Discover your career path

Agricultural Engineer



Build efficient machines for agricultural processes.

Salary Range

$74,780 - $114,880

Source: U.S. Department of Labor

What does an Agricultural Engineer do?

The practice of harvesting crops and bringing them to the table is as old as mankind itself. In contrast to the days of gathering berries and hunting buffalo, today’s agricultural environment involves large machines, sophisticated systems, and mass production. An agricultural engineer’s job is to solve problems and improve the process of planting, growing, collecting, processing, and delivering foods, fuels, and beverages from the field to the table.

Agricultural engineers work to improve yields for farmers while finding ways to hold down rising costs. As an agricultural engineer, you do this through a careful evaluation of the process. For a dairy, you might consider a different type of refrigeration system or design a more efficient milking machine. You might also design barns, sheds, animal shelters, and silos that protect the animals, keep the crop at a safe temperature, or reduce moisture.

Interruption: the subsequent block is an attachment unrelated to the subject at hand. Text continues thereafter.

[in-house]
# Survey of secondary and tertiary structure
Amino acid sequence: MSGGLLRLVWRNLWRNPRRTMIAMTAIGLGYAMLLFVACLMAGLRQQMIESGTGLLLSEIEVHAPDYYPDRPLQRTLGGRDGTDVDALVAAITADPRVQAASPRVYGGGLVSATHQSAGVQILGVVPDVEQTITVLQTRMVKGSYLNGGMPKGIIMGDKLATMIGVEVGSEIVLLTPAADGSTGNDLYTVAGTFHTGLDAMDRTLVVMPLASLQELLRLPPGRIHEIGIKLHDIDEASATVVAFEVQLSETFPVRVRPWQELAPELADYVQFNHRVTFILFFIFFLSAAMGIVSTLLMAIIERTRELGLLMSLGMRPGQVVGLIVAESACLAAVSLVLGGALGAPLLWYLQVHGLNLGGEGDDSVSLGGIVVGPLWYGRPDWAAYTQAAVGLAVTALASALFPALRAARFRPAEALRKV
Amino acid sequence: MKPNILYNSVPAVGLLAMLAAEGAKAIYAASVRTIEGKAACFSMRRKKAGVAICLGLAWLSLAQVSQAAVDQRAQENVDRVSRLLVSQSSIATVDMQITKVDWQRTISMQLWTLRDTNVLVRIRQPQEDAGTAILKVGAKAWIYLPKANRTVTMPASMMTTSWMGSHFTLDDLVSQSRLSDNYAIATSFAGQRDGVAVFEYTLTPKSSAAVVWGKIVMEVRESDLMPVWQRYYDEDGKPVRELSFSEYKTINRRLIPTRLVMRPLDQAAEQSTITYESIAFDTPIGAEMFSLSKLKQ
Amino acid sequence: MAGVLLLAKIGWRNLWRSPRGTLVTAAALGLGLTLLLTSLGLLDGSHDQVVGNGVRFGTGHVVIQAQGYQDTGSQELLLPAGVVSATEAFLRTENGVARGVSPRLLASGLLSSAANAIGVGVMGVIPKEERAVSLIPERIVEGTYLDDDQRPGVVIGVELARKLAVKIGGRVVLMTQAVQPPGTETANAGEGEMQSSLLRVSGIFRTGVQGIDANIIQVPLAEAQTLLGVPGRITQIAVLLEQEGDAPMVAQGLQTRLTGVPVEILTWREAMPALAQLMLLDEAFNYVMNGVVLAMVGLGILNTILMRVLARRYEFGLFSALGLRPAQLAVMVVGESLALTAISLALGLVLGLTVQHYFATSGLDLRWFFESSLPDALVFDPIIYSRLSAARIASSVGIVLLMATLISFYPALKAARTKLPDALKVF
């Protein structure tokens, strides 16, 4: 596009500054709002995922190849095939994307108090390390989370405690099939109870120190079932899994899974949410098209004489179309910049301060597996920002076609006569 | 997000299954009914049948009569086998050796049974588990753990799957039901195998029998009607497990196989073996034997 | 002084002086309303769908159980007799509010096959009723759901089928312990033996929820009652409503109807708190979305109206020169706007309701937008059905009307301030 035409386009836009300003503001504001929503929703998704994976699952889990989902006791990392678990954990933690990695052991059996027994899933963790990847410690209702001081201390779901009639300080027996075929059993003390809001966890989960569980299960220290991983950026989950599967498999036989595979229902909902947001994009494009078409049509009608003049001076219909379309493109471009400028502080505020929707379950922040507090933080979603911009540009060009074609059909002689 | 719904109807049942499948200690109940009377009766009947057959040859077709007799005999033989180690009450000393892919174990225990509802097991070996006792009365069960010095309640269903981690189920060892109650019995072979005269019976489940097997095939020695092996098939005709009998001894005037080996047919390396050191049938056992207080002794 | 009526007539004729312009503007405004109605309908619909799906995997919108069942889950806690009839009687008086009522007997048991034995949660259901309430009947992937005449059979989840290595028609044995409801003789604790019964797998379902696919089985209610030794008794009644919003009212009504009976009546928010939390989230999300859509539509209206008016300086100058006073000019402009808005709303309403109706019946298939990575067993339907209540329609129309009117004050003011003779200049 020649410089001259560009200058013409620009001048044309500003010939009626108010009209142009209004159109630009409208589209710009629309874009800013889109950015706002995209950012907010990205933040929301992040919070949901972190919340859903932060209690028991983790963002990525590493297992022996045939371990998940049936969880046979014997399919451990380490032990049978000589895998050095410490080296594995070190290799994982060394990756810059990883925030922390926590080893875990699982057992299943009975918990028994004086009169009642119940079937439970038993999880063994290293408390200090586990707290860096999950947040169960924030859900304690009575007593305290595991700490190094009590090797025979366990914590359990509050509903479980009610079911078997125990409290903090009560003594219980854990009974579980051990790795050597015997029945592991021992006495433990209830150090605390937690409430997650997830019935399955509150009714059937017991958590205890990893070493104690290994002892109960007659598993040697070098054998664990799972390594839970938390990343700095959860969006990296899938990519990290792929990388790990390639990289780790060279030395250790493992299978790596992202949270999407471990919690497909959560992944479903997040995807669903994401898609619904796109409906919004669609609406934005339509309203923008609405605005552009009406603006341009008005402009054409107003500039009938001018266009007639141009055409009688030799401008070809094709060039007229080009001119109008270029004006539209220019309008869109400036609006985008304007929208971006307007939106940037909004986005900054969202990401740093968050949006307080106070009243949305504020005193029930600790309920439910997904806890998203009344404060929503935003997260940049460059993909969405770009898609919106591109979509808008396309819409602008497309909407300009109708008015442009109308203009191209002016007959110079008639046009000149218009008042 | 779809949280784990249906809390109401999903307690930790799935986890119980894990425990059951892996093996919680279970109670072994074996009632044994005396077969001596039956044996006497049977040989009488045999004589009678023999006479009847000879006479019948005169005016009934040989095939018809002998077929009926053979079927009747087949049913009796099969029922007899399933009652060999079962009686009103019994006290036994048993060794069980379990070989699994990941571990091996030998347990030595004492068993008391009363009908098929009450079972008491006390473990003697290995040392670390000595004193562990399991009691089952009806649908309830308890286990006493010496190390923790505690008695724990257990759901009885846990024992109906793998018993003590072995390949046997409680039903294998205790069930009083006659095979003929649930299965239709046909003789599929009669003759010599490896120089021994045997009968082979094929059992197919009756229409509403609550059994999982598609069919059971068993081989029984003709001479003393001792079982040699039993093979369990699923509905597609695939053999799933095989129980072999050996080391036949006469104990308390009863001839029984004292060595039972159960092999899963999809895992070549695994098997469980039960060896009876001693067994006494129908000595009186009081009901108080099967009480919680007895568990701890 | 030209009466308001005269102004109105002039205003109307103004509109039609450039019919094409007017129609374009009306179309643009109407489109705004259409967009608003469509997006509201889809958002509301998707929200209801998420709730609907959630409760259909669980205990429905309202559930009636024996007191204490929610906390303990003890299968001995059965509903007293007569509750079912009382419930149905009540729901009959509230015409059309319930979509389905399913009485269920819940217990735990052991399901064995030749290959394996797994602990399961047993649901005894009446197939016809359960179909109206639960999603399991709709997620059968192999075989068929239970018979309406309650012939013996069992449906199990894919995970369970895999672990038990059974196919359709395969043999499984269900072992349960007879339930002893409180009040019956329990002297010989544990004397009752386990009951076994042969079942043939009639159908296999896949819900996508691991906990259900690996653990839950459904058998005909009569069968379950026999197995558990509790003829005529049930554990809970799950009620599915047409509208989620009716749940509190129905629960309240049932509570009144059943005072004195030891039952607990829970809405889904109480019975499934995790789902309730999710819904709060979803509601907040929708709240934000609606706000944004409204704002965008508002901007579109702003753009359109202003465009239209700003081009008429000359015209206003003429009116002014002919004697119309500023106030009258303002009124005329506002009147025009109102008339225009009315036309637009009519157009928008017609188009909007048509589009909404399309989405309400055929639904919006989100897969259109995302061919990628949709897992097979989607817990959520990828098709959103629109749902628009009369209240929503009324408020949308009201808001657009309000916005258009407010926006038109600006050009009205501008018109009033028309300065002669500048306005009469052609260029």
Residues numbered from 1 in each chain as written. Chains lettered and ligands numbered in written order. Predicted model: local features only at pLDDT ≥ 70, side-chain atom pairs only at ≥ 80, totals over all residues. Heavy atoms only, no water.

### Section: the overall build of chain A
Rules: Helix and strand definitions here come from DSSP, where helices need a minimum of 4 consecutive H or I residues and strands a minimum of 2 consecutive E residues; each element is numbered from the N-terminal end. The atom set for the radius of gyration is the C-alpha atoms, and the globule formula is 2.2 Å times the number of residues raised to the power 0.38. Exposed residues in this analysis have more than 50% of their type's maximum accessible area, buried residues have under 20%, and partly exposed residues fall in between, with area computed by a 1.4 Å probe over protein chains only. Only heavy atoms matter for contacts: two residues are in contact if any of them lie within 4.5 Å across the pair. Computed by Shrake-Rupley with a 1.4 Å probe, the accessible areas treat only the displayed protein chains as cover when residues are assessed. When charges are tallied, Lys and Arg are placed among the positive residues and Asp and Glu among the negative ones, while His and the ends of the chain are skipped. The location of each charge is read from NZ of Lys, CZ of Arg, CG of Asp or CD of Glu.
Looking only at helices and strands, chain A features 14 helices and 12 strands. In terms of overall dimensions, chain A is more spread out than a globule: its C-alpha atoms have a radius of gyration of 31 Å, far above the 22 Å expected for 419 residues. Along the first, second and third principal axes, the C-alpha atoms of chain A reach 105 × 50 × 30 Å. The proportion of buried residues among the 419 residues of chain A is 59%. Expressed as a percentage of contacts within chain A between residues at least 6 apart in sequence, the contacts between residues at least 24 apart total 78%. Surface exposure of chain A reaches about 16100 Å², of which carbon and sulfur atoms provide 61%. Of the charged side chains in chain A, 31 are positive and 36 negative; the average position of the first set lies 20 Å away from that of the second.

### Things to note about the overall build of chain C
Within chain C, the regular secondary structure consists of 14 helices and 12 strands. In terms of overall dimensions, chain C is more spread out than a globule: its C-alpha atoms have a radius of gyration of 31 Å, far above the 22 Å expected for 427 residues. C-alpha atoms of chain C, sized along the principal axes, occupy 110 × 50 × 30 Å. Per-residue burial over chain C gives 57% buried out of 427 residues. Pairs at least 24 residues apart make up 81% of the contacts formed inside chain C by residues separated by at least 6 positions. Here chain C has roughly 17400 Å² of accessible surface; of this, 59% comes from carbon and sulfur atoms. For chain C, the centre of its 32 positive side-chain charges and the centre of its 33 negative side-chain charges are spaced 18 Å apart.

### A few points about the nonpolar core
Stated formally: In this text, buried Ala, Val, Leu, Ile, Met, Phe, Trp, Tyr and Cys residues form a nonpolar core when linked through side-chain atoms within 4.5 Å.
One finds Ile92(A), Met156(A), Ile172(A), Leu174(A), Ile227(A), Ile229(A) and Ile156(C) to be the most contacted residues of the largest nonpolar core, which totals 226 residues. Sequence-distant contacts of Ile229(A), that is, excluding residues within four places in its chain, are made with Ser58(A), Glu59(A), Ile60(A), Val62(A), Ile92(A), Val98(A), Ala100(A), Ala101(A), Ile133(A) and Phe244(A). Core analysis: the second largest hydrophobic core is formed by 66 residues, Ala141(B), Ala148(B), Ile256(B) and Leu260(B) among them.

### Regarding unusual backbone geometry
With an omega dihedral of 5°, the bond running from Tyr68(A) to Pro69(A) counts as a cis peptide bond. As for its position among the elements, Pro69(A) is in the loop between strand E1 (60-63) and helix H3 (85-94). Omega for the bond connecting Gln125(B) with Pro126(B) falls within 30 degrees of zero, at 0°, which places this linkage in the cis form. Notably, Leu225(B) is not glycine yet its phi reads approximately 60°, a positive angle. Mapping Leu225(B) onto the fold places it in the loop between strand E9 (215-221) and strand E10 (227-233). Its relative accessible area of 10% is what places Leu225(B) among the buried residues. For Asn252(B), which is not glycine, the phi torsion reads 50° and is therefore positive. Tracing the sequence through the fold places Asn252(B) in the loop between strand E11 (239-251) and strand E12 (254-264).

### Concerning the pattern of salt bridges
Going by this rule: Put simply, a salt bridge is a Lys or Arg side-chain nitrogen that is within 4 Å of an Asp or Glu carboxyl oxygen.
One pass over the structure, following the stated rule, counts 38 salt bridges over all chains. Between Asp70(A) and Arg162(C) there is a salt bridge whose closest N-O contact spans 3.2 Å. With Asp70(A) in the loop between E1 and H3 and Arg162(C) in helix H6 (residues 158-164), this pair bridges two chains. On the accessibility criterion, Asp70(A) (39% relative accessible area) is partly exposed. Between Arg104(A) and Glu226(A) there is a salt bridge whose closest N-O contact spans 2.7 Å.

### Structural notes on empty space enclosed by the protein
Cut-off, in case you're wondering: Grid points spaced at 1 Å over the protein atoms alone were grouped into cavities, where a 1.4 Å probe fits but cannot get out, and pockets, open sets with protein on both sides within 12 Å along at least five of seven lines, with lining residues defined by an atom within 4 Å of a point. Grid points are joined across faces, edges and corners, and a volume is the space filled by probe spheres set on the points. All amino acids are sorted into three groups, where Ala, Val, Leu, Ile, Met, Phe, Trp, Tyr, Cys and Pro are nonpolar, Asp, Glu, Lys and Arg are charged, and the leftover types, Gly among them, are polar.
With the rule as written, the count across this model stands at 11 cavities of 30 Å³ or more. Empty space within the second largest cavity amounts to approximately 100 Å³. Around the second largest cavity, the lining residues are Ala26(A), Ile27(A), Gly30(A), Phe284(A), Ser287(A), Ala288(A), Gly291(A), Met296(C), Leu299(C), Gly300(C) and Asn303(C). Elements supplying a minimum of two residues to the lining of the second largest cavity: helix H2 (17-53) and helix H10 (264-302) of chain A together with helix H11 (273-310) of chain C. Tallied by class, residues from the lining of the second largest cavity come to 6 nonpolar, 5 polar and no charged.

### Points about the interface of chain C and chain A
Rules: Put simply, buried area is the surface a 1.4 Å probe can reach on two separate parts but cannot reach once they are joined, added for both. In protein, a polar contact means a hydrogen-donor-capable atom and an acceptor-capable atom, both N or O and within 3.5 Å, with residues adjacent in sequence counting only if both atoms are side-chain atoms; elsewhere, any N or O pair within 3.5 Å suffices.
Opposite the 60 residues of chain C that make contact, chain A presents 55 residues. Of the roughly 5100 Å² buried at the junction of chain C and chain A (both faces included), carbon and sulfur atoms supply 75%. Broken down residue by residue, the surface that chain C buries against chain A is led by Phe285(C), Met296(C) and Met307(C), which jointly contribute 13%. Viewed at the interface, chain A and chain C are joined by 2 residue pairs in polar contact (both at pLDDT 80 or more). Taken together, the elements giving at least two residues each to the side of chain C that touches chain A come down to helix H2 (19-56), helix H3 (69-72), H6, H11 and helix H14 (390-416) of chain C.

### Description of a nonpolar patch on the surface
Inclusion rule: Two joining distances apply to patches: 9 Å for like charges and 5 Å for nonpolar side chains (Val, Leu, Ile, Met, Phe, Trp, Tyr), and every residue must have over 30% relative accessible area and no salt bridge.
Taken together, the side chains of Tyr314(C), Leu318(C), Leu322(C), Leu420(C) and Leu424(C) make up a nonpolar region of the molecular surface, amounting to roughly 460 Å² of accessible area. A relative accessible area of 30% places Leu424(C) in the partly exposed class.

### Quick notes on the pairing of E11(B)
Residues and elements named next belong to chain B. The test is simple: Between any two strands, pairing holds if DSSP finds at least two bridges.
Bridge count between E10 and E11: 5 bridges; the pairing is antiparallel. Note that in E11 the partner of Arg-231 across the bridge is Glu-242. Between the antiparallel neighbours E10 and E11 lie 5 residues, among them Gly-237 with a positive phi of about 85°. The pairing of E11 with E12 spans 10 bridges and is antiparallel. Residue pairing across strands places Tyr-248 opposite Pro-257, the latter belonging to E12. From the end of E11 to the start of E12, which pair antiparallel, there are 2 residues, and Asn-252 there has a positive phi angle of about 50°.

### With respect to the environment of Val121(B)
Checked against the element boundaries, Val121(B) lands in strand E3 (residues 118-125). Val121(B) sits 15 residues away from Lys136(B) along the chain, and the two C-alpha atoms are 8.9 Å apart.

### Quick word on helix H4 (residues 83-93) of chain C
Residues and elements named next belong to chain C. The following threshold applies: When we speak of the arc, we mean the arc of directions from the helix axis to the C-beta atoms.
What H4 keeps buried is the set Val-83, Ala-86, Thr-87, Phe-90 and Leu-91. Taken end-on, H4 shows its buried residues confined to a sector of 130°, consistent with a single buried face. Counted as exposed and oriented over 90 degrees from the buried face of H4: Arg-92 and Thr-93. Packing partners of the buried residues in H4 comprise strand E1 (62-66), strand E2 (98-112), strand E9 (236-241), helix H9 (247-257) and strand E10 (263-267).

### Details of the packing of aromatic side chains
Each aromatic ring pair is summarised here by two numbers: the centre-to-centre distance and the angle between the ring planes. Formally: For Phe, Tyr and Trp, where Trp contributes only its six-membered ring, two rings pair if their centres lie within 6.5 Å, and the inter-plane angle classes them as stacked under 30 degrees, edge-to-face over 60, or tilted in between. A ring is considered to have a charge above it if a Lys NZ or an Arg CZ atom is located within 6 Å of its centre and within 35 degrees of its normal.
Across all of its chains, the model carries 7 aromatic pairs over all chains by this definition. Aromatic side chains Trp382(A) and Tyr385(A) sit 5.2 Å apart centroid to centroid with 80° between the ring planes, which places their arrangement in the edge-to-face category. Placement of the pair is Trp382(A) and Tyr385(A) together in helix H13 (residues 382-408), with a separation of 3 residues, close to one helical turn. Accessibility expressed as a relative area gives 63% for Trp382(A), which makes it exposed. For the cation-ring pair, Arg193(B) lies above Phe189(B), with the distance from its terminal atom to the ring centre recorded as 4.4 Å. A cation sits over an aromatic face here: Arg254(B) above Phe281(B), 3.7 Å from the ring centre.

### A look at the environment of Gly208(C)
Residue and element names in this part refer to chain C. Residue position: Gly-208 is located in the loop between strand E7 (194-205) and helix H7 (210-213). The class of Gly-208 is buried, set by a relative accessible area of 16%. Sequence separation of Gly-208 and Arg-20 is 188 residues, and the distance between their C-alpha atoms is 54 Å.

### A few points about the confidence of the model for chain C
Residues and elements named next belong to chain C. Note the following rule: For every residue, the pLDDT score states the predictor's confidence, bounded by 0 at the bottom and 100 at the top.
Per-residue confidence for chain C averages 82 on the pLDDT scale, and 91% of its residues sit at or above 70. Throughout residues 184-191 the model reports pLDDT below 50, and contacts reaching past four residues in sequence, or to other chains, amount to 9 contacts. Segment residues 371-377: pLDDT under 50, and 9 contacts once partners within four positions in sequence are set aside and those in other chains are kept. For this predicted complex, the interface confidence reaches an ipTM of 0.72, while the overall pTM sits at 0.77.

You also work to conserve resources and protect the environment. On a wheat farm, you develop more effective watering techniques. You might create a pump from a nearby water source, or simply water at night to reduce evaporation. You could design a new system that redirects and filters water before it re-enters a nearby river, reducing run-off damage to fragile plants and keeping contaminants from polluting the water.

Off the farm, agricultural engineers sometimes work in food processing where you streamline production lines, create new equipment, improve techniques, and evaluate packaging, storage, and transportation systems. This all requires an analytical mind, a passion for science, and the ability to come up with creative solutions.